Couples Counseling Gives Your Marriage a Place to Begin Healing
Couples counseling is an investment in your relationship. It is a place to learn about yourself as well as your partner. This deeper understanding of yourself and the most significant person in your life can lead to a richer, more fulfilling marriage. The aim in marriage therapy is to identify and transform the difficult and ineffective cycles you and your spouse experience. This helpful instruction gives you both the power to change your relationship for the better and more fully understand why the two of you are not able to successfully deal with conflict.
As long as both partners come to the process voluntarily, there is hope. The therapist works with both of you to unlock what is behind the struggles you are having together. Frequently, the topics of your disconnect and conflict have nothing to do with the issue at hand. The couple’s therapist guides each of you to a deeper understanding of what triggers your reactions and to a higher level of compassion for the pain and fear underlying the emotional stress. It is hard work, but anything worthwhile does take some effort.
At Hope for the Journey, we have counselors trained in the protocols and tools of marriage and family therapy. Our therapists are trained to evaluate and identify the underlying dynamics going on within the individuals and the relationship. They provide perspectives unique to working with more than one person in the room. They must meet rigorous requirements before State of Colorado will acknowledge and certify them as licensed marriage and family therapists.
Although you yearn for a better marriage, some questions and concerns may give you pause . . .
I want to come to couples counseling but my spouse/partner won’t come. What do I do?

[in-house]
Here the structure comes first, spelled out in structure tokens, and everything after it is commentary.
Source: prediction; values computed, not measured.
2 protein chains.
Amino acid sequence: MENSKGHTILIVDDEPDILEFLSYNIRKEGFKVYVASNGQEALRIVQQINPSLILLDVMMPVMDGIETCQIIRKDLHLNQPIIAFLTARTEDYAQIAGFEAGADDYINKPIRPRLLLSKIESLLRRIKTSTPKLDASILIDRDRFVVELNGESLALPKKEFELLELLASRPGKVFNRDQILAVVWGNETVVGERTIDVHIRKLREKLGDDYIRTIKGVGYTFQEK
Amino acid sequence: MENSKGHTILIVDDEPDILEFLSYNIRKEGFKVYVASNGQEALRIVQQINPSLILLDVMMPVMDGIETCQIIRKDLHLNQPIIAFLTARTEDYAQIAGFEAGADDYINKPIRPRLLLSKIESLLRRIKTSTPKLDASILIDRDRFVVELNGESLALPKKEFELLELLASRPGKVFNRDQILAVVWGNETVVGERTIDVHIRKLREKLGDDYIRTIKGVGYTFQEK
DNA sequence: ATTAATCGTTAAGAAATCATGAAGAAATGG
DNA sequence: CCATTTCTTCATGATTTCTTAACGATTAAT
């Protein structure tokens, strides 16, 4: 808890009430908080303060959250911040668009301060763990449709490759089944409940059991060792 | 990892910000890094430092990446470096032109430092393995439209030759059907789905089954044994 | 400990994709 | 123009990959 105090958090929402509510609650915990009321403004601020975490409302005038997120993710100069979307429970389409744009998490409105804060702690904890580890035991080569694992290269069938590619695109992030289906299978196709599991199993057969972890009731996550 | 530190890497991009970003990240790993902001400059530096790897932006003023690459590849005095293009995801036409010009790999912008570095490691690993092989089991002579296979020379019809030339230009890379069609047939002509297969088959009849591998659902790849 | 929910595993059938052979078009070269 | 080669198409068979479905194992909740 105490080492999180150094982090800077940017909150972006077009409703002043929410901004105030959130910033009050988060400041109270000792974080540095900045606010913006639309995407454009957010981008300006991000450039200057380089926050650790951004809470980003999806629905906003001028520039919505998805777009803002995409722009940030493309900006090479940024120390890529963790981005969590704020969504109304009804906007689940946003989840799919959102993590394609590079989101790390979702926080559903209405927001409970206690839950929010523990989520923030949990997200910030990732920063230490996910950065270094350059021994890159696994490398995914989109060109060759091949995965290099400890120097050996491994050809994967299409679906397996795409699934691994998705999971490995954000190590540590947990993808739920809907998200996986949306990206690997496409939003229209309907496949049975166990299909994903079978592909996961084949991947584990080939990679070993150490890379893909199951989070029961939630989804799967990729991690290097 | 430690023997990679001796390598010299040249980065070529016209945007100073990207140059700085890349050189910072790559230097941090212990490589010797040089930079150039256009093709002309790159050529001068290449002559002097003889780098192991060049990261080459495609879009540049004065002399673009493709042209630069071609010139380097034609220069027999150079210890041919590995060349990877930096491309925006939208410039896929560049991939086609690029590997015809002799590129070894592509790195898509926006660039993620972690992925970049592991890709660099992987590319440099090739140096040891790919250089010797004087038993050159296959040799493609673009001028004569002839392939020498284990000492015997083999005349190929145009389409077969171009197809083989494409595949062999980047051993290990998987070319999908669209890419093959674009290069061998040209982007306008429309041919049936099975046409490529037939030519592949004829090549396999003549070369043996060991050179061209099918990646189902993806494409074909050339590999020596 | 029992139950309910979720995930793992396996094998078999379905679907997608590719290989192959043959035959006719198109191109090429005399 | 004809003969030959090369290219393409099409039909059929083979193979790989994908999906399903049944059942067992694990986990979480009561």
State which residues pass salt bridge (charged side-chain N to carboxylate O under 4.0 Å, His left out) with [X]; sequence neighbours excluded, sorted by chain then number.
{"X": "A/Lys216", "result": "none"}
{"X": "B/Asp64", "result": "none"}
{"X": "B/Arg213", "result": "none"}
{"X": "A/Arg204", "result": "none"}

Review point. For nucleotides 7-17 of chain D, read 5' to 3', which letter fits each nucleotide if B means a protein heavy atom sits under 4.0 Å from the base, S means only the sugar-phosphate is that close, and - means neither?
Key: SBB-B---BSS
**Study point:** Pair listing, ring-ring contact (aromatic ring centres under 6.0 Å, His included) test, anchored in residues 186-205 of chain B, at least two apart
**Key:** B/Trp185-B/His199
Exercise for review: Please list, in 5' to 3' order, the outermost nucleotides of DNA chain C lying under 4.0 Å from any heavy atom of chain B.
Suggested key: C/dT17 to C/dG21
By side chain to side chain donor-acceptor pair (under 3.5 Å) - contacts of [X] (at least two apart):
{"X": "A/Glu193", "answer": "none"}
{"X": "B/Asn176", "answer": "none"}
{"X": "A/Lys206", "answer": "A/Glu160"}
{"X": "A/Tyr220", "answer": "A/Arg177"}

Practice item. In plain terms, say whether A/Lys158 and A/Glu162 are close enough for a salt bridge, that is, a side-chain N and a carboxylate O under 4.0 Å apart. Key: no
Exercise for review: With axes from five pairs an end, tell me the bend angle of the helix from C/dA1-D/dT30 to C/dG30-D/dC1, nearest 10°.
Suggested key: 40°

Sometimes spouses are waiting for their partner to make the first move. Such hesitation may be in response to something he/she perceives as a threat. Talking about personal issues with a stranger is uncomfortable for most people. Many people were raised with the belief that it's best to keep family issues within the family or their desire is to fix marital issues on their own. For others, it may be too embarrassing, shameful or intimidating to disclose to a therapist (or anyone for that matter) that there is something wrong with the relationship. Your spouse may need to see you experience positive changes in attitude and behavior, which in turn can encourage them to believe that couples counseling will be a helpful experience where acceptance and skills will be offered.
Won’t bringing up problems from the past just make our conflict worse?
It might. But, research has shown that troubled marriages frequently get worse before they get better. The ‘getting-worse’ stage means that you and your partner are finally starting to get to the bottom of what frightens and angers each of you. Those revelations need to be exposed so that you both can learn to deal with them differently and more effectively than you have in the past. Otherwise you will continue to repeat the same old cycle which only results in frustration and discouragement for both of you. Choosing to open the door to change is the first and most challenging step.
I’m afraid the therapist will take sides against me!
This is a common misconception that one or both people will be judged and blamed in couples counseling. It is important to know that our therapists are trained to be client centered, objective, non-judgemental and compassionate with our clients. Our mission at Hope for the Journey is to partner with you to achieve your goals and help both better understand the issues you face from a different perspective. With this new knowledge and insight you will be empowered to make better choices that can bring healing and restoration to your relationship.
Feeling stuck and not sure how to proceed?
Couples counseling takes courage as well as a willingness and readiness to change. Choosing to do nothing pretty much guarantees that nothing will change. If you are ready to make a change, please contact us by phone or email today.
To set up an appointment, call (970) 541-9066 or email firstname.lastname@example.org. We offer a free phone consultation to ask questions and see if the therapist you speak with is a good fit for you.